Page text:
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Monday, July 25, 2011

Another smocked skirt

I have been working on a skirt I promised Brigid last year when her original could be repaired no more. The replacement is the same black featherwale cord, with braid chosen by Brigid from my stash of braid and trim.
The pink and green braid is from Eastern Silk in Adelaide - fabulous silks and trims. This was one of their few non-beaded trims.The other black braid with red roses came from Cleggs in Melbourne.

I wasn't sure they would go together, but Brigid was - and we worked out I'd match the smocking to the zigzag braid.

You smock a cable row and then add the points below and above before finishing off with the lower row of border cable.

The top border of green is added after the skirt is attached to the band.

The pleats sit on the hip and the band goes from waist to hip.

I stitched the black flowered braid on by machine and the pink and green zigzag trim by hand. I couldn't see a way to do it neatly on the machine as the picots needed to sit flat.

I found it very difficult to keep the braids running straight even when pinned.

I used large heart-shaped buttons, one pink, one green to match the thread. The points on the hearts look quite good with the points on the zigzag smocking.I really like this pattern. It is simple and effective, with lots of possibilities for variation.

It is also much liked by the serious wearer!

Thursday, July 21, 2011

Silk bag therapy - One of Three.

When I was looking for some braid for a skirt recently, my daughter put me on to Fabricana's Etsy shop.The braid wasn't quite what I was after, but I was sucked in badly by her 'sari scraps' - fat quarters of antique sari fabric in silk and brocade. I ordered a selection which arrived from India within days - a treasure trove of beautiful, inspiring fabric, each piece inviting a story about it's embroiderer and wearers.

I couldn't bear to put the treasure away in my stash, so laundered each piece, got out my bag of taffeta and silk linings and cut 24 bags from the 25 pieces of fabric I bought. I let each piece dictate the shape of the bag and whether it needed lining or not. I have two pieces left uncut.

Over the last few days I have stitched up and finished the first seven bags, lining some of them and using ribbon and cord from my stash, finished off with buttons, beads or old earring pieces to stop the cord from disappearing into the casing.

In the end I restricted myself to simple drawstring bags because the fabric is fine and highly decorated so simple seemed best.

The bag to the left is from a simple piece of brocade while the one below is checked silk appliqued with embroidered medallions and edged with cut work.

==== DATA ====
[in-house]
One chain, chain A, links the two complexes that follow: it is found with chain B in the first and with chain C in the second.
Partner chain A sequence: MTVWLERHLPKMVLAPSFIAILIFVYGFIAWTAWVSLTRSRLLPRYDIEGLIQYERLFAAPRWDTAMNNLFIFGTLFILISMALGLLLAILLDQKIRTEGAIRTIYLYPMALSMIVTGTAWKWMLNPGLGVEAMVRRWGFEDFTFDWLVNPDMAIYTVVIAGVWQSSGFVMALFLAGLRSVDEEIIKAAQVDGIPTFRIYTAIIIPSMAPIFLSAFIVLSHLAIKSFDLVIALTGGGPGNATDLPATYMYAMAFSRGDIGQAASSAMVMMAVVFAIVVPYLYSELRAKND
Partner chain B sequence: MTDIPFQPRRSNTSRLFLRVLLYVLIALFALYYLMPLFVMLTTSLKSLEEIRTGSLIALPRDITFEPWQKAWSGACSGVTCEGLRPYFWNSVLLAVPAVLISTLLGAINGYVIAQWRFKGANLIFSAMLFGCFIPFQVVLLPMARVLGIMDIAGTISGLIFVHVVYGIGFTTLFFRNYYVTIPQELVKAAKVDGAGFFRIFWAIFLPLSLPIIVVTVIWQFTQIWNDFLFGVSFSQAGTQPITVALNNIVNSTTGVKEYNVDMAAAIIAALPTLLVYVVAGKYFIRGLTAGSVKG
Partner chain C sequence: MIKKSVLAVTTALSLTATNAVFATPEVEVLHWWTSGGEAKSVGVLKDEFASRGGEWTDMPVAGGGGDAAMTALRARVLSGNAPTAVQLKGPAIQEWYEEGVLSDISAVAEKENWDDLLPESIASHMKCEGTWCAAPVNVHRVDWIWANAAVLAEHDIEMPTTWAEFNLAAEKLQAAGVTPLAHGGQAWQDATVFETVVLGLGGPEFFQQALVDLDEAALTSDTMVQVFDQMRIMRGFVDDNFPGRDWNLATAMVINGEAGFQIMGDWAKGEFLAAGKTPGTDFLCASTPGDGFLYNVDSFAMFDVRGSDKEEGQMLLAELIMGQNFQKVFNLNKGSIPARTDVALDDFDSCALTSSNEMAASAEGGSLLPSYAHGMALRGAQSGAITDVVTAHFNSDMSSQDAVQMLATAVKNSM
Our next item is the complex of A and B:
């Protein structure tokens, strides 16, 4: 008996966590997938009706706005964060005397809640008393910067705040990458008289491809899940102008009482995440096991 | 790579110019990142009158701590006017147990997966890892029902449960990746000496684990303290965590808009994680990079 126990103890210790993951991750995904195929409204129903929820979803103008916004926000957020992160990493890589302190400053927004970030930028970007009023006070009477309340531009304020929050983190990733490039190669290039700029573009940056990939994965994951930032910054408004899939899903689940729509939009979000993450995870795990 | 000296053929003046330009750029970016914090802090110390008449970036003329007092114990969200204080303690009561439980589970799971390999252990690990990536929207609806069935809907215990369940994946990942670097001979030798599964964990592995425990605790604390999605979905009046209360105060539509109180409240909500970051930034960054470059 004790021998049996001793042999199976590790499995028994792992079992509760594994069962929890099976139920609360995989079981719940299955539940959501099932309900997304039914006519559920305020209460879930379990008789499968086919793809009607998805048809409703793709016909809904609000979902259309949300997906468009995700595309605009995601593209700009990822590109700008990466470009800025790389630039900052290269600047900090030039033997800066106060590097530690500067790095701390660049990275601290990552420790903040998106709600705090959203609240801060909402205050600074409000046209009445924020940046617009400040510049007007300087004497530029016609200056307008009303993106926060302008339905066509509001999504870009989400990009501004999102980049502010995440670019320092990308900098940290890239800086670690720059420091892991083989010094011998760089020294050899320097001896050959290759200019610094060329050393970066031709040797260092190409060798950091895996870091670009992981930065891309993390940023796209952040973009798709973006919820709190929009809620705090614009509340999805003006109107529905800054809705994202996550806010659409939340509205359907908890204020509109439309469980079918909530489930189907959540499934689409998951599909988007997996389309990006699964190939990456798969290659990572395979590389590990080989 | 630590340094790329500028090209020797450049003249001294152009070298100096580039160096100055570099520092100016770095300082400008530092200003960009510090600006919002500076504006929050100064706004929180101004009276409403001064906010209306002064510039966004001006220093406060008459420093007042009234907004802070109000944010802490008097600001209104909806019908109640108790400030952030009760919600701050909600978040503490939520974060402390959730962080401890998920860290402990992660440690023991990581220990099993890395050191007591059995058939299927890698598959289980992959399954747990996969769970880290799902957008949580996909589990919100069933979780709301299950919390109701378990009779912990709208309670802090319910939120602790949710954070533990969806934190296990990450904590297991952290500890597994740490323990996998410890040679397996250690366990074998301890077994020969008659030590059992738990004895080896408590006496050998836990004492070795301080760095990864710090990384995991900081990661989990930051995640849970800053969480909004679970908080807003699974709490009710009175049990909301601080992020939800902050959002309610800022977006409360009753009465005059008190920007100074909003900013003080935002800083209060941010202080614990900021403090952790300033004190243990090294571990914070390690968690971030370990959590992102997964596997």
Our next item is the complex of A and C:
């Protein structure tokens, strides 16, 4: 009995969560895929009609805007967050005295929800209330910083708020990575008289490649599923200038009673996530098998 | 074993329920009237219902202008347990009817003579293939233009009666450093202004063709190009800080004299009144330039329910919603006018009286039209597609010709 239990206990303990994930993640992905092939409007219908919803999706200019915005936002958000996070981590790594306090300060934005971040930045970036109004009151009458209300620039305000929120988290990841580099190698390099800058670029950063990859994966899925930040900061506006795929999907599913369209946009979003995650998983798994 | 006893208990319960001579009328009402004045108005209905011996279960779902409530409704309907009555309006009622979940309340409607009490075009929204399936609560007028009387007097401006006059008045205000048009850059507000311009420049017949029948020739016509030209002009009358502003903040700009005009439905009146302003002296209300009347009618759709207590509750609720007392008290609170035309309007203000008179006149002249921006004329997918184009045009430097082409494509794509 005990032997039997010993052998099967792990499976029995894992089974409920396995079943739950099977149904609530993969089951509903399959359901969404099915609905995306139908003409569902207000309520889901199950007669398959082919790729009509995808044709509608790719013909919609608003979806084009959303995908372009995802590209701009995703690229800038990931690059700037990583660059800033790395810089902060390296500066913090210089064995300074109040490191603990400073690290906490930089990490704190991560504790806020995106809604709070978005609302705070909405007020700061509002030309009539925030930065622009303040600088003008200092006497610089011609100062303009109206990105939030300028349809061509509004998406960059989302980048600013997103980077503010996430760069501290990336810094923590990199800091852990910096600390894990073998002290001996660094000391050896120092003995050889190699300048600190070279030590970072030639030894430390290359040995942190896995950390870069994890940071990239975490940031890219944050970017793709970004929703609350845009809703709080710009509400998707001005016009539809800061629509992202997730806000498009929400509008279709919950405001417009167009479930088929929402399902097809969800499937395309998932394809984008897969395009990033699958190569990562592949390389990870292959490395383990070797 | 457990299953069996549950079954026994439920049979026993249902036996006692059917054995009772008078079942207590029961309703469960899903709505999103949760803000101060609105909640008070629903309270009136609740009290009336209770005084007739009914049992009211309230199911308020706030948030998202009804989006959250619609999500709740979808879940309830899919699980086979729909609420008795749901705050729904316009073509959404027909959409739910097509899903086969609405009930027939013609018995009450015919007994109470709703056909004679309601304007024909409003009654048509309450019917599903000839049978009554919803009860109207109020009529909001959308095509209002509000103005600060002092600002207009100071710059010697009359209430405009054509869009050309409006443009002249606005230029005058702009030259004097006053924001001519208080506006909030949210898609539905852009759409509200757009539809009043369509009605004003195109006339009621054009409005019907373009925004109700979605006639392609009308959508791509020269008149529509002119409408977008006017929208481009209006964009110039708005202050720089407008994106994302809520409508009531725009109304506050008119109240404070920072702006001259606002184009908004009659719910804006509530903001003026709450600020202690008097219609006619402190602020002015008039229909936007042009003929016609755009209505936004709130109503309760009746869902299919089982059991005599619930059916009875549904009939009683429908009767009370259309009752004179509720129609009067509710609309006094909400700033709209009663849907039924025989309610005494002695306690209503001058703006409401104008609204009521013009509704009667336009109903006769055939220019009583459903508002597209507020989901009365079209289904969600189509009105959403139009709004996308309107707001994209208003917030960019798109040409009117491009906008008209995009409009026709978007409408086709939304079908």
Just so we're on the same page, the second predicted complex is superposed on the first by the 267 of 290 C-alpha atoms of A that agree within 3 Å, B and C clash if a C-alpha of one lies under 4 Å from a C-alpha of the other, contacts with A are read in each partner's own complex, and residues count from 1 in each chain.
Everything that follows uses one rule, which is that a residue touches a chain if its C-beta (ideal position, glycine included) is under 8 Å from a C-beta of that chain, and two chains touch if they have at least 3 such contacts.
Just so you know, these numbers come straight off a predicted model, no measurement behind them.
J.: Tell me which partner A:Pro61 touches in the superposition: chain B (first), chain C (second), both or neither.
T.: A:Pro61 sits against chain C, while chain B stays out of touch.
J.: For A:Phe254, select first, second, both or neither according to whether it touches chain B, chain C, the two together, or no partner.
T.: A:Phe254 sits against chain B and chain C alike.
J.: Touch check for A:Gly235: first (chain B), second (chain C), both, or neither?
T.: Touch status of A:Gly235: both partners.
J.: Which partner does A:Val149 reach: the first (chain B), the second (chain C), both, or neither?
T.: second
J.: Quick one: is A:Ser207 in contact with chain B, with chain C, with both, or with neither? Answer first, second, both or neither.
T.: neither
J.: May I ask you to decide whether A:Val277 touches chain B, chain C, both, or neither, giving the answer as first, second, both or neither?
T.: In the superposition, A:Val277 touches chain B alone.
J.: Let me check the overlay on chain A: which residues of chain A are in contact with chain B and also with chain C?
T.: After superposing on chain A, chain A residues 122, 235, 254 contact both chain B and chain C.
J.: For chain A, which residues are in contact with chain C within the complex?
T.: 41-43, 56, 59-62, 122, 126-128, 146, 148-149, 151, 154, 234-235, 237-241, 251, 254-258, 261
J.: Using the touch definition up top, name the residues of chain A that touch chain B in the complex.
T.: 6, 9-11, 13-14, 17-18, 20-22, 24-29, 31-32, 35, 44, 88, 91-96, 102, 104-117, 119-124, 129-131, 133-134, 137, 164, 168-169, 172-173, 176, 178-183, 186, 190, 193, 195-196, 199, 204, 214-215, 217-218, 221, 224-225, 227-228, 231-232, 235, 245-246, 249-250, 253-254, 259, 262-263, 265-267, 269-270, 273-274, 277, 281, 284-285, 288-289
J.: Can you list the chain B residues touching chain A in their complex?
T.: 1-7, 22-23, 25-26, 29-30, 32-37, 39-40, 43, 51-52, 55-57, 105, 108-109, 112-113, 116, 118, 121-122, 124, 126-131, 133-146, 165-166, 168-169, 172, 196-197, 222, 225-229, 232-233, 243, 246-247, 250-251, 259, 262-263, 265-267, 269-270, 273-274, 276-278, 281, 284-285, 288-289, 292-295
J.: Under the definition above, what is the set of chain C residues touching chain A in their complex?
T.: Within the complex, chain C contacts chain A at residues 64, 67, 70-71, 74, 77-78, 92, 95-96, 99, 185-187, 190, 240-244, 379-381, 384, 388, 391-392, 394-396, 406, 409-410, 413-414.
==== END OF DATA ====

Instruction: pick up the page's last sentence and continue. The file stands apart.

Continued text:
I imagine someone commissioning and wearing it for a special celebration.

This piece is patterned silk with the occasional flower in the pattern embroidered and beaded. I used shells from earrings to finish the ties and lined this one in a piece of blue Vietnamese silk.


The detail featured at the top of this blog post is again embroidered silk, this time with motifs embroidered in running stitch on the dyed silk - red merging into green.This one is lined with maroon taffeta.

I used a small glass chilli from a Chinese decoration to finish the ties on the maroon silk bag below, from a satin-stitched and scalloped border piece.


This  bag I lined in figured blue Vietnamese silk to reinforce the transparent blue of the over-dyed muslin. This piece has it all  - embroidered in paisley-like patterns, beaded and sequinned.
Embroidery on the body of the fabric is in a pale gold thread, while the border is stitched with deeply coloured thread.


Finally, I made an open-topped carry bag with both  long and short handles to do justice to the design of this strikingly dyed and gold-thread embroidered piece of fabric.                                                                           

Including postage, the cost of the fabric averaged $4.50A for each bag . Allowing a little for lining, cord or ribbon, they probably cost around $5-5.30 per bag. I am not thinking of selling them, but I worked it out to see if bags using this fabric would recover their costs at a fete or charitable event.  I think they would.

There is certainly much pleasure in the making.


Tuesday, July 12, 2011

Madame Weigel's Knitting Patterns

Since writing about the daffodil tea cosy, I have had some requests for patterns from the book I used, so did a bit of research into the company that produced the book. That particular book seems to date from 1935.

The Weigel company, that published the book, was founded by Johanna  Weigel, born as Johanna Wilhelmine Astmann in Prussia in 1847. She went to the USA and met and married her German-born engineer husband in New York, where she worked for McCalls, designing paper patterns. They visited Australia in 1877 and stayed on in Melbourne.

She made patterns with clear instructions, initially just for friends but eventually established a business in Lennox St, Richmond, Victoria. In 1880 they published a monthly subscription journal, Weigel's Journal of Fashion. Her business thrived throughout Australia and New Zealand. When she died in January 1940 she left a trust to provide exhibitions for engineering students and a substantial proportion of her estate to the employees of Madame Weigel Pty Ltd, which continued until the death of the last one in the 1960s.